Employers and workers should adopt 'flexible mindset' on 4-day work week although it may not work for all: Gan Siow Huang
SINGAPORE: Employers and workers should adopt a "flexible mindset" on a four-day work week, Minister of State in the Manpower Ministry Gan Siow Huang said in Parliament on Tuesday (Sep 13).
She added that a four-day work week may work well for some employers and employees but not others.
"A four-day work week is one of many types of flexible work arrangements, and the ministry, together with our tripartite partners, strongly encourages employers and employees to be open to flexible work arrangements in all its various forms to identify and adopt those that best suit their unique business needs and their workers' needs," Ms Gan said.
She was responding to a question from MP Melvin Yong (PAP-Radin Mas) on whether studies were being conducted by third parties to examine the feasibility of a four-day work week in Singapore.
The Ministry of Manpower (MOM) is not aware of any ongoing studies by third parties, said Ms Gan, who added that reports of four-day work week pilots implemented in other countries appeared mixed.
These included pilot programmes in Ireland, Japan and Spain. In Belgium, employees have the right to request a four-day work week, but with daily work hours extended so that the total number of hours worked in a week remains the same, she said.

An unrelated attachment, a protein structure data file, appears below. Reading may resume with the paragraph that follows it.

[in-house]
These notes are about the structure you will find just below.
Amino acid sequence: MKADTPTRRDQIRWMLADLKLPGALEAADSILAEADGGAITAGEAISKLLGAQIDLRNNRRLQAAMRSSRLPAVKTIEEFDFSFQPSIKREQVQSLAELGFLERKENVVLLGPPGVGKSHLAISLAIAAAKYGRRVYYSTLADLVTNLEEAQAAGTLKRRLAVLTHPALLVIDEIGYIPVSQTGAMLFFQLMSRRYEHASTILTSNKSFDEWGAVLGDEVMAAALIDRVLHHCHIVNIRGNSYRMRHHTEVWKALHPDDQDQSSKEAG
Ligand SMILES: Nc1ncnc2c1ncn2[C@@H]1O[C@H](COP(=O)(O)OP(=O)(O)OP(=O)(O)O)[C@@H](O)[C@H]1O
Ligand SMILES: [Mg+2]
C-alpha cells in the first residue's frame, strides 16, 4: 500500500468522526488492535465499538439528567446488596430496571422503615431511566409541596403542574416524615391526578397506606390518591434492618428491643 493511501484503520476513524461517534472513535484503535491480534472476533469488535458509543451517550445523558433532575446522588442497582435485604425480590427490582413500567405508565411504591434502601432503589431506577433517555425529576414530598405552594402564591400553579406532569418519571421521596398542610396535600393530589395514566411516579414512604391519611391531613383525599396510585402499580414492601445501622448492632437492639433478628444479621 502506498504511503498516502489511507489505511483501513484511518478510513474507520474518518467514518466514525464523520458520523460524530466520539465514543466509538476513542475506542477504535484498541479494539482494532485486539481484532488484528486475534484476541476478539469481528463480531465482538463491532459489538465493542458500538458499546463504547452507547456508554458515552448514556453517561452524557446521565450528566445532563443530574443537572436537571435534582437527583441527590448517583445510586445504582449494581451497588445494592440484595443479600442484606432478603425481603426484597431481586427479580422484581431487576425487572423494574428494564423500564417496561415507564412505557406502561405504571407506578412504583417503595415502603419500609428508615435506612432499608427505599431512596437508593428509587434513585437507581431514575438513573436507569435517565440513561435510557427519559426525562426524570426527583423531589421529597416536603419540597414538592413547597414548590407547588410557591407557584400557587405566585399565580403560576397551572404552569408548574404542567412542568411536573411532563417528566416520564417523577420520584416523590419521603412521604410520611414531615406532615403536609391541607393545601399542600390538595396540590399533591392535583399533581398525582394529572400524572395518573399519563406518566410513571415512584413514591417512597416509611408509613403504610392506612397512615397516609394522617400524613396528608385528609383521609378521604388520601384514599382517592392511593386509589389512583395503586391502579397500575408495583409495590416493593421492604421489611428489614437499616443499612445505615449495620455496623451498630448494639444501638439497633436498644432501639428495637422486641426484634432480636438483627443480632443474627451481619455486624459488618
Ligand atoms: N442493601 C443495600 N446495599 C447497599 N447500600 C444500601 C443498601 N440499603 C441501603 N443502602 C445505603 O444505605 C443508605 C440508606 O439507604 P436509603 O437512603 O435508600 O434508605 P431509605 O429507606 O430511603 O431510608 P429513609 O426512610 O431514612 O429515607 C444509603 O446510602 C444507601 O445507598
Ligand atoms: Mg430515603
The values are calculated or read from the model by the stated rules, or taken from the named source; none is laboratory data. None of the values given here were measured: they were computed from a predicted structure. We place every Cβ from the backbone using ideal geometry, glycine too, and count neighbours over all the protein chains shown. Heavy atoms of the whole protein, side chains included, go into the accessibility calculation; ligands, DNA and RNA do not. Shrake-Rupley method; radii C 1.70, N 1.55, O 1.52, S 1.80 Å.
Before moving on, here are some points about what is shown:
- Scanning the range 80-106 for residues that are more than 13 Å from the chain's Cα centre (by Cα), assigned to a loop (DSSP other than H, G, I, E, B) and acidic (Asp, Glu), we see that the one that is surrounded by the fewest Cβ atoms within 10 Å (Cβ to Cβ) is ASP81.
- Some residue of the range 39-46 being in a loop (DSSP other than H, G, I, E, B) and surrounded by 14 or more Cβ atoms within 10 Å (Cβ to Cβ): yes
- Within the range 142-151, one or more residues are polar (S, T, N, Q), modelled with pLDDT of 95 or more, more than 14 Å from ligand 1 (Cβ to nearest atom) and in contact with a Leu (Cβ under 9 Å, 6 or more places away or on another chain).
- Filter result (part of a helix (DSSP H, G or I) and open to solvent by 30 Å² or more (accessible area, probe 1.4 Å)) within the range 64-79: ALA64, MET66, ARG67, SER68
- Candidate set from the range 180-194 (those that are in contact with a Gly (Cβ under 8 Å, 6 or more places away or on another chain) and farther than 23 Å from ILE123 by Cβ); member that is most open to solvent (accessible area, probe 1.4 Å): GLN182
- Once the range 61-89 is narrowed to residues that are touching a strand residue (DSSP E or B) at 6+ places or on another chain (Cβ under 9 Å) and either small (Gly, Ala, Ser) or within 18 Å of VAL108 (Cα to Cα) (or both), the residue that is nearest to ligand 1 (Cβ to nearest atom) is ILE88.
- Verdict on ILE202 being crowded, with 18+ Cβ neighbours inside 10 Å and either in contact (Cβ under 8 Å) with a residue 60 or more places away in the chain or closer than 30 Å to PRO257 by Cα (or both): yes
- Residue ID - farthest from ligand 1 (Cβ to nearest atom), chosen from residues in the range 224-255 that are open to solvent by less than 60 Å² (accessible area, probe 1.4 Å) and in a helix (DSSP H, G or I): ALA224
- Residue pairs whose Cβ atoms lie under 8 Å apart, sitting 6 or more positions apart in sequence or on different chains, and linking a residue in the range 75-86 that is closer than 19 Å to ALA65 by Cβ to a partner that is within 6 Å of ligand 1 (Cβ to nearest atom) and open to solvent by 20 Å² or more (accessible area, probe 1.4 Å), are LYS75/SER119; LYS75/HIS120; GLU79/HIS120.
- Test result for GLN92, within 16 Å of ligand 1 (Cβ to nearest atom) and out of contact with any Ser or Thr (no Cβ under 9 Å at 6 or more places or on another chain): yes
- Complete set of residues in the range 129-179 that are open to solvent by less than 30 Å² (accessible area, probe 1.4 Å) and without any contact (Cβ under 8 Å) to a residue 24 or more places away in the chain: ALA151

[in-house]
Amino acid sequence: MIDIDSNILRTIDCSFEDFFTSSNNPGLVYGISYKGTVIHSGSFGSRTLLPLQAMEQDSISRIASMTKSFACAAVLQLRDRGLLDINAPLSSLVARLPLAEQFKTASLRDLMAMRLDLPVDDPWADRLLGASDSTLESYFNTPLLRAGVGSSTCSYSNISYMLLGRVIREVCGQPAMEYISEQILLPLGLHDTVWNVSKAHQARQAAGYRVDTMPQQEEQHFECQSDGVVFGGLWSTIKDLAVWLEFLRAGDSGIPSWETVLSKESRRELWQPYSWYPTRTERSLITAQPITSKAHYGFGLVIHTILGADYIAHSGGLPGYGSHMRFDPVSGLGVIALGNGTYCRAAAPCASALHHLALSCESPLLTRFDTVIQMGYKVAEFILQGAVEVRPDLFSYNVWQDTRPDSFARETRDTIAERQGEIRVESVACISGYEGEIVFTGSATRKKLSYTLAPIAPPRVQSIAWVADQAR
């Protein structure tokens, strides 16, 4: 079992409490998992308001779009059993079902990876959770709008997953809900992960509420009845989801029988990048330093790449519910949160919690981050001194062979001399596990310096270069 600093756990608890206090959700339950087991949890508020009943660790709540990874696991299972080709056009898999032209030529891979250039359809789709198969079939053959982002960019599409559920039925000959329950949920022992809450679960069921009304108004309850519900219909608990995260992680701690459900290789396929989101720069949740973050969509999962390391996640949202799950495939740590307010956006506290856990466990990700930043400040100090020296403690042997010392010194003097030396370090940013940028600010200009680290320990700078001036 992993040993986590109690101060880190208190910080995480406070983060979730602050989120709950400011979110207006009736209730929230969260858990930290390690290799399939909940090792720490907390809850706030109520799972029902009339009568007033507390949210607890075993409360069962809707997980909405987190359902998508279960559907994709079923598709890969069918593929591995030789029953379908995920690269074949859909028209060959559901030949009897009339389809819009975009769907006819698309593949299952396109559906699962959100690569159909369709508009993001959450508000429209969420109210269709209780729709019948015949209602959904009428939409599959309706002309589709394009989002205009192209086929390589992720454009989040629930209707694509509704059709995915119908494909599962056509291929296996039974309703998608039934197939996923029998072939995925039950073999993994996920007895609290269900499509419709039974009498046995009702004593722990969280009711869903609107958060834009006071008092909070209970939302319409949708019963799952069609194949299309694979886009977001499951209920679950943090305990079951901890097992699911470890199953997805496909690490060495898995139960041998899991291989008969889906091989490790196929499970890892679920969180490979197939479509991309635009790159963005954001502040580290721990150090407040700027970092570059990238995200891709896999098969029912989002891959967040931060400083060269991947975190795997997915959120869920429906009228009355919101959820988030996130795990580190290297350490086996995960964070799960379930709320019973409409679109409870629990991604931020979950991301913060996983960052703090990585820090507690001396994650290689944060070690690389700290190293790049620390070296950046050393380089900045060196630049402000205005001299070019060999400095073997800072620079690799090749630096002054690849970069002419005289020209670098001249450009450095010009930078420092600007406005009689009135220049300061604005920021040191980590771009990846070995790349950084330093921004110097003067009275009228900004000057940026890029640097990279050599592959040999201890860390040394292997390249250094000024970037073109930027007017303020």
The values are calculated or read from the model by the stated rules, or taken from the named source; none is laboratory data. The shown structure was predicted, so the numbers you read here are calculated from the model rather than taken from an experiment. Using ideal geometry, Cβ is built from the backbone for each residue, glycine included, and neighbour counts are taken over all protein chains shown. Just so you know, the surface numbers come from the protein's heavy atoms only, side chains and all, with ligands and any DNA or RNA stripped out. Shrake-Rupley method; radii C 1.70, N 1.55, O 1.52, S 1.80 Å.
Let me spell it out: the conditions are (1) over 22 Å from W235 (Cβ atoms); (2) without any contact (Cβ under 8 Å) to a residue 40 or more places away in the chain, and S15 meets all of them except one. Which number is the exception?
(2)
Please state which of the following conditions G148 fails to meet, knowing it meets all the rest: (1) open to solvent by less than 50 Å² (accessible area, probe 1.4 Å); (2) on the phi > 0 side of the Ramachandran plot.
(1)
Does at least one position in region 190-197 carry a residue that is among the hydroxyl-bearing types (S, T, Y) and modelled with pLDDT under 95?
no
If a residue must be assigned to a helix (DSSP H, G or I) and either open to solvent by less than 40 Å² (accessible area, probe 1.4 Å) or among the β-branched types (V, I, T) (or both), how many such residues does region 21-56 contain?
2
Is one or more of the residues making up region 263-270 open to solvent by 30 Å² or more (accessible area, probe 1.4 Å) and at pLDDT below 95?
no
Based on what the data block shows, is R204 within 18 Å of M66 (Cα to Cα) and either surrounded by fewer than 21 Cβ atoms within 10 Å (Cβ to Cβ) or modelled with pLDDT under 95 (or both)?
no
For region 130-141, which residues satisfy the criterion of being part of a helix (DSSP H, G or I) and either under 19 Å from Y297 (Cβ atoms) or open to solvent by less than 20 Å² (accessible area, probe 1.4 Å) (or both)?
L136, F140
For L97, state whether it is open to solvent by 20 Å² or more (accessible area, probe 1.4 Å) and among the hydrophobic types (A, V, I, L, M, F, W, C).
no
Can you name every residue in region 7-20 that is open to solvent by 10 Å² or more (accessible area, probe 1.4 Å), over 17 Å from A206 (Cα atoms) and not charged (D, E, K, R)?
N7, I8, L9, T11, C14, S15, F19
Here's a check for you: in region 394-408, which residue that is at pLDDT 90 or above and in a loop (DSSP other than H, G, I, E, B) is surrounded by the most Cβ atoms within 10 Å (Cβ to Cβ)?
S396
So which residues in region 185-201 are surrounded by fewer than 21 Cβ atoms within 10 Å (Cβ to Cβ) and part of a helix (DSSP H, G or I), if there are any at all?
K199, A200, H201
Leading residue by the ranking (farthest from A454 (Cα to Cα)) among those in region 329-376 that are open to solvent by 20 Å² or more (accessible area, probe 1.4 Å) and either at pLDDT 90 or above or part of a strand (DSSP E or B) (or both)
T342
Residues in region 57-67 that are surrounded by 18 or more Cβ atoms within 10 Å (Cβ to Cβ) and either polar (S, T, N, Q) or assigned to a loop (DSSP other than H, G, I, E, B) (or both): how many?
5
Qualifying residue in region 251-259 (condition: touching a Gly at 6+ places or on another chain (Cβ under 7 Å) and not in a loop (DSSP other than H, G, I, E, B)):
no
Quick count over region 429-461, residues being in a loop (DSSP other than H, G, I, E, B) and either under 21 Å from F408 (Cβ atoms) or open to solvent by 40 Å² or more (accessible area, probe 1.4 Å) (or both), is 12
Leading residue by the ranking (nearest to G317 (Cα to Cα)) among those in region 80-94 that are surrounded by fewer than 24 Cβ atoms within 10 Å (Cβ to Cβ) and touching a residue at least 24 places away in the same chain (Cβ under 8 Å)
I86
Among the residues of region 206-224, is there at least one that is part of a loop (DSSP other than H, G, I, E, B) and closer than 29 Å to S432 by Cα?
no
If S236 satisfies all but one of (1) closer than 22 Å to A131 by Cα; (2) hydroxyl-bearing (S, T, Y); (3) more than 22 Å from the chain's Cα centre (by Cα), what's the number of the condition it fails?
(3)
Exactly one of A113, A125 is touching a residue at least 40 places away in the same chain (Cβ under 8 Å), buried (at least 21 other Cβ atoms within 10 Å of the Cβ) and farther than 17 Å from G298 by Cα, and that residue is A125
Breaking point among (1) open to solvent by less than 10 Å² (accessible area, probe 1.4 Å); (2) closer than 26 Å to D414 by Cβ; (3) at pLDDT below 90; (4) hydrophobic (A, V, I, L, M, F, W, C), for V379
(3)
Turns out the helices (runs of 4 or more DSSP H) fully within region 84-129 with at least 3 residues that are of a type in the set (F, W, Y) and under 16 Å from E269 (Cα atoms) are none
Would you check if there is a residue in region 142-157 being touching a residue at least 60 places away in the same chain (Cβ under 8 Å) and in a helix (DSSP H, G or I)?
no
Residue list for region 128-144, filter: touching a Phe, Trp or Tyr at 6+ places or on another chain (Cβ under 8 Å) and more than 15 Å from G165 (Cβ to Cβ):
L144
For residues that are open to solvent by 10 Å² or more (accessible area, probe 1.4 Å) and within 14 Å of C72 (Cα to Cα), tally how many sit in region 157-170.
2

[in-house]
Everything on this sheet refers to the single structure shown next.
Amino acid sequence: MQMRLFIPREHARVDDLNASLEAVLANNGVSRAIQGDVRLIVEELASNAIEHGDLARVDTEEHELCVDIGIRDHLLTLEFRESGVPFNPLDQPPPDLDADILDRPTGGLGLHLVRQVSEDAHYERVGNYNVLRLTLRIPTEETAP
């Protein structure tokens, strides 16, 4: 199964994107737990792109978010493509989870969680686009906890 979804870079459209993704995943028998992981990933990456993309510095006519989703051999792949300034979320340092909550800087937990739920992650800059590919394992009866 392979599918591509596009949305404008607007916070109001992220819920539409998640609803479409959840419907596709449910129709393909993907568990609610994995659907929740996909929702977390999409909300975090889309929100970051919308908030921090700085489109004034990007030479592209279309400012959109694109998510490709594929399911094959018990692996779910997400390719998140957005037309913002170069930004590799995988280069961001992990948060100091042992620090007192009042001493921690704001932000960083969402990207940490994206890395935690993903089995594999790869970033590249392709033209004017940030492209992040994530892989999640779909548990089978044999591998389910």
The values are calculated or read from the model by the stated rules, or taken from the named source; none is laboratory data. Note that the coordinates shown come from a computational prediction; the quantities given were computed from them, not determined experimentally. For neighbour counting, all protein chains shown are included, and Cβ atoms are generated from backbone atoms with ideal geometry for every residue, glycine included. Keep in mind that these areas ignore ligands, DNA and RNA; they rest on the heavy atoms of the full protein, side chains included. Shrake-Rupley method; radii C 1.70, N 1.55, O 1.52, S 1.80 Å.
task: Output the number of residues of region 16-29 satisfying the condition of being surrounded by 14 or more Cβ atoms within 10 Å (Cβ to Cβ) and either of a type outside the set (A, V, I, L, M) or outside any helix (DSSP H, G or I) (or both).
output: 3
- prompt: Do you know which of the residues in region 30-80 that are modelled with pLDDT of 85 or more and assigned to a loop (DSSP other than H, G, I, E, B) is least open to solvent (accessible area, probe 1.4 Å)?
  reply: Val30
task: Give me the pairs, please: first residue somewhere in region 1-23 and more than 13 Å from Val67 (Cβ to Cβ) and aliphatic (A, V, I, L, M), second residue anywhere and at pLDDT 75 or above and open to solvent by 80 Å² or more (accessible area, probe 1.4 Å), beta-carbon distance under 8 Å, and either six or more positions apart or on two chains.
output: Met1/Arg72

"So far, results appear to be mixed. Some of the key concerns that stakeholders have include the impact on productivity, business costs, and employee well-being," said Ms Gan.
She added that while productivity improvements have been reported in some cases, this depends on the sector and job type.
"In some instances, reduced work hours have had to be compensated by hiring more labour," said Ms Gan.
"At the same time, employees are concerned that their salaries could be reduced due to fewer hours worked, while some could face increased stress when they work more hours than usual in a day to complete their work."
Mr Yong also asked if MOM intended to trial the four-day work week on a small scale among its officers or other parts of the public service.
He said this could facilitate training and upskilling as well as improve work-life balance for employees.
Ms Gan said that MOM did not intend to specify any trial or impose formulas for flexible work arrangements on the public sector, and noted the diverse needs of different sectors and job roles.